“True Detective”: The Complete Second Season is definitely a step down from its predecessor, however, for all of its faults from a needlessly complicated storyline, substandard writing and too many characters (main ones anyway), I still found this season fairly entertaining due to the performances by Colin Farrell, Rachel McAdams and yes, even Vince Vaughn.
“True Detective”: The Complete Second Season
Genre(s): Crime, Drama, Thriller
Warner Home Video | TVMA – 503 min. – $59.99 | January 5, 2016
Date Published: 12/29/2015 | Author: The Movieman
THE MOVIE – 3.5/5
Season Plot Synopsis: Highway Patrol motorcycle officer Paul Woodrugh (TAYLOR KITSCH) – on suspension after being accused of soliciting sex from a woman he pulled over – in which the victim’s body has been ritually mutilated. The crime triggers an investigation that brings together Detective Ray Velcoro (COLIN FARRELL) from the fictional city of Vinci where the victim served as the city manager and Division Sergeant Ani Bezzerides (RACHEL MCADAMS) from the Ventura County Sheriff’s Office. Also involved is shady businessman Frank Semyon (VINCE VAUGHN) who was in business with the city manager in a major land deal and discovers his $7 million investment is missing.
In all of these characters’ lives, there is trouble on the home front. Velcoro is divorced, has a heavy alcohol problem and is haunted by a past in which he murdered the man who had raped his then wife and is in debt with Semyon who passed along the identity of the rapist; Semyon and his wife, Jordan (KELLY REILLY), are unable to conceive a child and at the same time, he’s in financial trouble; Woodrugh’s past in the Army, is distant from his girlfriend and, when he found the body, seemed to be a suicide ride on his bike; Ani family situation is messed up with no long-term relationship, a sister in the prostitution game and a spiritualist/hippie father (DAVID MORSE).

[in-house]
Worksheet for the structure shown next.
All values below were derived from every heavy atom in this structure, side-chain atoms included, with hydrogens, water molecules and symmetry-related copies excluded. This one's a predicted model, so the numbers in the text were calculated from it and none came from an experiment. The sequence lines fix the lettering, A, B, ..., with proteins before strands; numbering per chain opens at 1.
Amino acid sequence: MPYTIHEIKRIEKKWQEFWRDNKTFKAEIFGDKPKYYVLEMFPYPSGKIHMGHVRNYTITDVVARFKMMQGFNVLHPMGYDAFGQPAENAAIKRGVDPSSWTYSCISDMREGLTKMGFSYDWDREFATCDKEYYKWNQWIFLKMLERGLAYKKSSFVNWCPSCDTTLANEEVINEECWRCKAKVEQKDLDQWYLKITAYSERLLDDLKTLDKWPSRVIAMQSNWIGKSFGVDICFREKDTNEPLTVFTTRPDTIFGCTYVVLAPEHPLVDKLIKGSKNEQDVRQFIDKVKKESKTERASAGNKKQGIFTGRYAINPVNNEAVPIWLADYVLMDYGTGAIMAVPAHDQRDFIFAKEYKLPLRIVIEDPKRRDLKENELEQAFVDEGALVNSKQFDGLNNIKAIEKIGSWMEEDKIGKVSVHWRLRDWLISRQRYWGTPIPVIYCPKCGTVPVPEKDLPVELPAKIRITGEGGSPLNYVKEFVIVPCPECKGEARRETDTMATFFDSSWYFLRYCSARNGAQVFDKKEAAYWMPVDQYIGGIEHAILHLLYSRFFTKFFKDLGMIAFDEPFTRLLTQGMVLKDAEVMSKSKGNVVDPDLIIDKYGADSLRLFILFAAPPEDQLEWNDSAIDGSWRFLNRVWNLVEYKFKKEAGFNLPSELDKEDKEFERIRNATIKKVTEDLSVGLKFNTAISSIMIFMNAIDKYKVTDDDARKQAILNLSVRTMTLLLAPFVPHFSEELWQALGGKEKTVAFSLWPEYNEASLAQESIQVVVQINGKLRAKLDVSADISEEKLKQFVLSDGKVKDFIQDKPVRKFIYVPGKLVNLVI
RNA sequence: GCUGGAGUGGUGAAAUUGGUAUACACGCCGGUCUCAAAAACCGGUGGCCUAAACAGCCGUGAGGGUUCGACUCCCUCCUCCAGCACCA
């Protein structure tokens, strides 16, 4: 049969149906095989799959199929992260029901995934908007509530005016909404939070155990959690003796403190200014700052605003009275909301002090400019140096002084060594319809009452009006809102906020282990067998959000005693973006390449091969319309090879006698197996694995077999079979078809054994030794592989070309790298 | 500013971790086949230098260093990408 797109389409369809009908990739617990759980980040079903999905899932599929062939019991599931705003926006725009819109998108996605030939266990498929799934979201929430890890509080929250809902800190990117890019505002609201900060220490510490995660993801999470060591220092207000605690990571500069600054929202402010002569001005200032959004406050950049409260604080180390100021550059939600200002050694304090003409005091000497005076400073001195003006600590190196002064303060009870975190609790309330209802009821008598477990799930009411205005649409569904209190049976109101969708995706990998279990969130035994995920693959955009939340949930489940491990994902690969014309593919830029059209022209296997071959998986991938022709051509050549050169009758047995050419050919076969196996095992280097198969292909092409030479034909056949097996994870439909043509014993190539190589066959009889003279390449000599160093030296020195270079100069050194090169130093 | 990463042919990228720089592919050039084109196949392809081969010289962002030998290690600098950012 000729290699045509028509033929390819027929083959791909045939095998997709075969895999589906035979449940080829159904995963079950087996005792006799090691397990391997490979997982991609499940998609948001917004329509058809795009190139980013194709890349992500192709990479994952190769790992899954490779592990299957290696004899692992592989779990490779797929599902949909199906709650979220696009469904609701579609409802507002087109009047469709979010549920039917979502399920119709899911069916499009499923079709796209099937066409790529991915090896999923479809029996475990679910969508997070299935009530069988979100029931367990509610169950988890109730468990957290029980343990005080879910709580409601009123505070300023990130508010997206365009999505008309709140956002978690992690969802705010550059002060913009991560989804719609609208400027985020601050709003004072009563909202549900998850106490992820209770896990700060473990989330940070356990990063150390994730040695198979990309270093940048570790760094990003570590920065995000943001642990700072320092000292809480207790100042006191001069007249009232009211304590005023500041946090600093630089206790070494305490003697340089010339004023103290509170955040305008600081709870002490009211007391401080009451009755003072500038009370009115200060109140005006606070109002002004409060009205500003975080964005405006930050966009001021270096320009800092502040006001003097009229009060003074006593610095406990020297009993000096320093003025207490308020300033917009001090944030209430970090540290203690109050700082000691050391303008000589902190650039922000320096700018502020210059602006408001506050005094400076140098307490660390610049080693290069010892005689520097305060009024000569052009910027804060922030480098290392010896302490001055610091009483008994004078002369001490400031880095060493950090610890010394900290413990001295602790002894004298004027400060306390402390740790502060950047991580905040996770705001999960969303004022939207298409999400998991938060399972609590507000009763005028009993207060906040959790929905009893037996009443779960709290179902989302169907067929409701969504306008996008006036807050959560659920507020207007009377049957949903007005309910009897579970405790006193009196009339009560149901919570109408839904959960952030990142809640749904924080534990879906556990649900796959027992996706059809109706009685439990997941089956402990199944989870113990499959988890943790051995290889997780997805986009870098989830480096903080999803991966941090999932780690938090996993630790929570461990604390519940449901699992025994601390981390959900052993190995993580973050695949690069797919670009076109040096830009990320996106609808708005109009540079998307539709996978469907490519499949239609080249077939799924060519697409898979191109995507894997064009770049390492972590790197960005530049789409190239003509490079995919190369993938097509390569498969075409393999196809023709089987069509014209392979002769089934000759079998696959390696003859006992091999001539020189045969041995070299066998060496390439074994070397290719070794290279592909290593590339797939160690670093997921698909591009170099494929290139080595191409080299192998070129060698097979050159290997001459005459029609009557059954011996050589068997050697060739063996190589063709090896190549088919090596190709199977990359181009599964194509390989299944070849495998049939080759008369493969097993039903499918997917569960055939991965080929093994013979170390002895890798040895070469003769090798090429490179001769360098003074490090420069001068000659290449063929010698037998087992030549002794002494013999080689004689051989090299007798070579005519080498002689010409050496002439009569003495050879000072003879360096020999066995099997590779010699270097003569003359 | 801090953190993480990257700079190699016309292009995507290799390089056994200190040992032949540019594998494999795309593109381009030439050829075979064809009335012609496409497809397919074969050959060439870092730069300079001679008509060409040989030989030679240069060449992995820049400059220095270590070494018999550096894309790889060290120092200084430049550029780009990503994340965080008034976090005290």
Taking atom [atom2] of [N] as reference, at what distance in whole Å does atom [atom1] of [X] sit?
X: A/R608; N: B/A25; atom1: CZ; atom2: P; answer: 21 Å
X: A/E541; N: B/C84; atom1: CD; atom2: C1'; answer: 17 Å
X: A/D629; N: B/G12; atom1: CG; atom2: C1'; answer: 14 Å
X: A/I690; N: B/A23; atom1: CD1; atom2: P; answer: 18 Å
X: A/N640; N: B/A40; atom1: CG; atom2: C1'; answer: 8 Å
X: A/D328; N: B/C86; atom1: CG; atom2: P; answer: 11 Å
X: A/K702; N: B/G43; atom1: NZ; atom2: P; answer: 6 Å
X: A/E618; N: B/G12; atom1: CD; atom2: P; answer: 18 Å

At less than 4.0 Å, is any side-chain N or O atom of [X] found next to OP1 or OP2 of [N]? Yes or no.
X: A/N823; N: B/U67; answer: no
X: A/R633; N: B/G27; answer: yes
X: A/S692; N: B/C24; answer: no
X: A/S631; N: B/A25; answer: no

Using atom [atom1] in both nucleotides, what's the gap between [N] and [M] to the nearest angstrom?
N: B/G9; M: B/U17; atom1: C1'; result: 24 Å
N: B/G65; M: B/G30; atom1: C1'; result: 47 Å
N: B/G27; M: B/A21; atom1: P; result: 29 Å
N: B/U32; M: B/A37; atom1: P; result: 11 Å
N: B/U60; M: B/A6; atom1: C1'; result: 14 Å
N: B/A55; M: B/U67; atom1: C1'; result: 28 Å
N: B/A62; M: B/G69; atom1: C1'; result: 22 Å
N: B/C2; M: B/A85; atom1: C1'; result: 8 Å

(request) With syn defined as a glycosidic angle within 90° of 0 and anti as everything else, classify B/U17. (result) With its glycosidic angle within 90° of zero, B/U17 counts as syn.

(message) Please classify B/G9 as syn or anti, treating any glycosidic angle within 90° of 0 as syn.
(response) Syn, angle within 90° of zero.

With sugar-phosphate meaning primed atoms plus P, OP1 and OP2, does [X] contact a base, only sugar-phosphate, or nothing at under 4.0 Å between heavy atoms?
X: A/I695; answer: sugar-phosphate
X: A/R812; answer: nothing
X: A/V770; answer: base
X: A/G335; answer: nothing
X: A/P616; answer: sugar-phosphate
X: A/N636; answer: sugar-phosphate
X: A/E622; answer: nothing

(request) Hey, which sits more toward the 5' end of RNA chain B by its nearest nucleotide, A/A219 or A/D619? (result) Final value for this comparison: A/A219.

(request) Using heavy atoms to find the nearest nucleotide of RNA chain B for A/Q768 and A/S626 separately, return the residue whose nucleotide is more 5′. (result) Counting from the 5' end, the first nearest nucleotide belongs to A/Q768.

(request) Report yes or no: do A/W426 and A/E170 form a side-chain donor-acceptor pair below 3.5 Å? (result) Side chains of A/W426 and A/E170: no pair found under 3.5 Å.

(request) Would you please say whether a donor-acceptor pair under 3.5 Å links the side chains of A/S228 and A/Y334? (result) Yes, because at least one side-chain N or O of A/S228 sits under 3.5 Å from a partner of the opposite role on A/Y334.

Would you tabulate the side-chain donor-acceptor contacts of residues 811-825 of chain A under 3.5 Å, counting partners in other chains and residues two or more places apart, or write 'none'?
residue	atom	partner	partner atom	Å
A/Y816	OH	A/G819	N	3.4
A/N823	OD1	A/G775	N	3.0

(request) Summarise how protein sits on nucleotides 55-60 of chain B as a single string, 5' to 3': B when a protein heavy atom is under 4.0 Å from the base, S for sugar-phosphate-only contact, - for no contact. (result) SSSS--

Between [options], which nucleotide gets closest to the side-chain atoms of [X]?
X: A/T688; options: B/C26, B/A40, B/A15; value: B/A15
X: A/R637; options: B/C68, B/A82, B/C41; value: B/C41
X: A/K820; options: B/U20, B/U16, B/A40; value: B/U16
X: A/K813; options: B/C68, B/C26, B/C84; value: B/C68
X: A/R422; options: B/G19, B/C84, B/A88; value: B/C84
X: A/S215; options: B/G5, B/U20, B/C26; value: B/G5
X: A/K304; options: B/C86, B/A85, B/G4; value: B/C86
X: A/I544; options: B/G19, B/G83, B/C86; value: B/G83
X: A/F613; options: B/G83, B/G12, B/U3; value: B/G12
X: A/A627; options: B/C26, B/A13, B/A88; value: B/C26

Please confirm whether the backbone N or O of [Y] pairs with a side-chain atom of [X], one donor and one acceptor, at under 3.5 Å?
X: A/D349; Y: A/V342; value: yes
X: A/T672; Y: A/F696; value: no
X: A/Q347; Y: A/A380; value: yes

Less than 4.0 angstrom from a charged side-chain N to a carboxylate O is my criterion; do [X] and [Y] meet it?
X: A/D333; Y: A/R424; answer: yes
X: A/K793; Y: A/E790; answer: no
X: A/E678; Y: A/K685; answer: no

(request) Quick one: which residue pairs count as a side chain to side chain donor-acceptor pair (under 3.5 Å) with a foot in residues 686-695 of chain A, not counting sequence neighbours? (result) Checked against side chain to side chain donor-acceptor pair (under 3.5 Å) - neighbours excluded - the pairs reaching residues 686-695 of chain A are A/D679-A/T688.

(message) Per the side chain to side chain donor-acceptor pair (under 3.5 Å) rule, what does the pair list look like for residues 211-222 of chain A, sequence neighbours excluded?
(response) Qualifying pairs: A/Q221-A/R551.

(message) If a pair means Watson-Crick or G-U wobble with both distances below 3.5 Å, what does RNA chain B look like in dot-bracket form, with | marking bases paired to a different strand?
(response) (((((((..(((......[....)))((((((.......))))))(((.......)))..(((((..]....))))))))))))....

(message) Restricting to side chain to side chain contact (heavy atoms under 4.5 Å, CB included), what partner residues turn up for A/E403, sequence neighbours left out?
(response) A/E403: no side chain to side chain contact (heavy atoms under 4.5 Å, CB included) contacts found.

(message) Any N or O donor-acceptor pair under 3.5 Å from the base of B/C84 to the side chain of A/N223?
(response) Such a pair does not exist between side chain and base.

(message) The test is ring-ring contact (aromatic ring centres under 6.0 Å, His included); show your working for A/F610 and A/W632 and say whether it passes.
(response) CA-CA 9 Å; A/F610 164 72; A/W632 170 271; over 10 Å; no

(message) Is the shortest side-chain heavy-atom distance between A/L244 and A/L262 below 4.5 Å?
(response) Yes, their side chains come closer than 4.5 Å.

Review (Spoilers): I think “True Detective”: Season Two is a victim of the first season’s wild success and its lackluster reception is understandable, but taking it out of the shadow of its predecessor, I actually didn’t think it was half bad. Now, the story isn’t as gripping and it takes more than a few cues from the likes Chinatown but I found most of the characters to be fascinating and made the slower moments still entertaining, in a dark, gritty kind of way.
The highlights of this season easily reside with Colin Farrell and to a larger extent, Vince Vaughn who to me was deserving of more praise and I’m not even a fan of his and his, and that of Kelly Reilly, story wasn’t too bad. Rachel McAdams has her moments and it did take some time to warm up to her character but by the end you still cared about her well-being. I don’t think McAdams gives an amazing performance but she holds her own and, to be fair, I’ve been a big fan of hers for many years so I am biased.
If there was one expendable person, it would be Taylor Kitsch and although his performance is perfectly fine, the character doesn’t have that much to offer in comparison with Farrell and McAdams (on the law side) and it felt like his scenes were unnecessary, more filler than anything. Heck I found the conflict between Frank and his henchman Blake (played by Christopher James Baker) to be far more interesting than Woodrugh’s relationship with his girlfriend and mother (Lolita Davidson).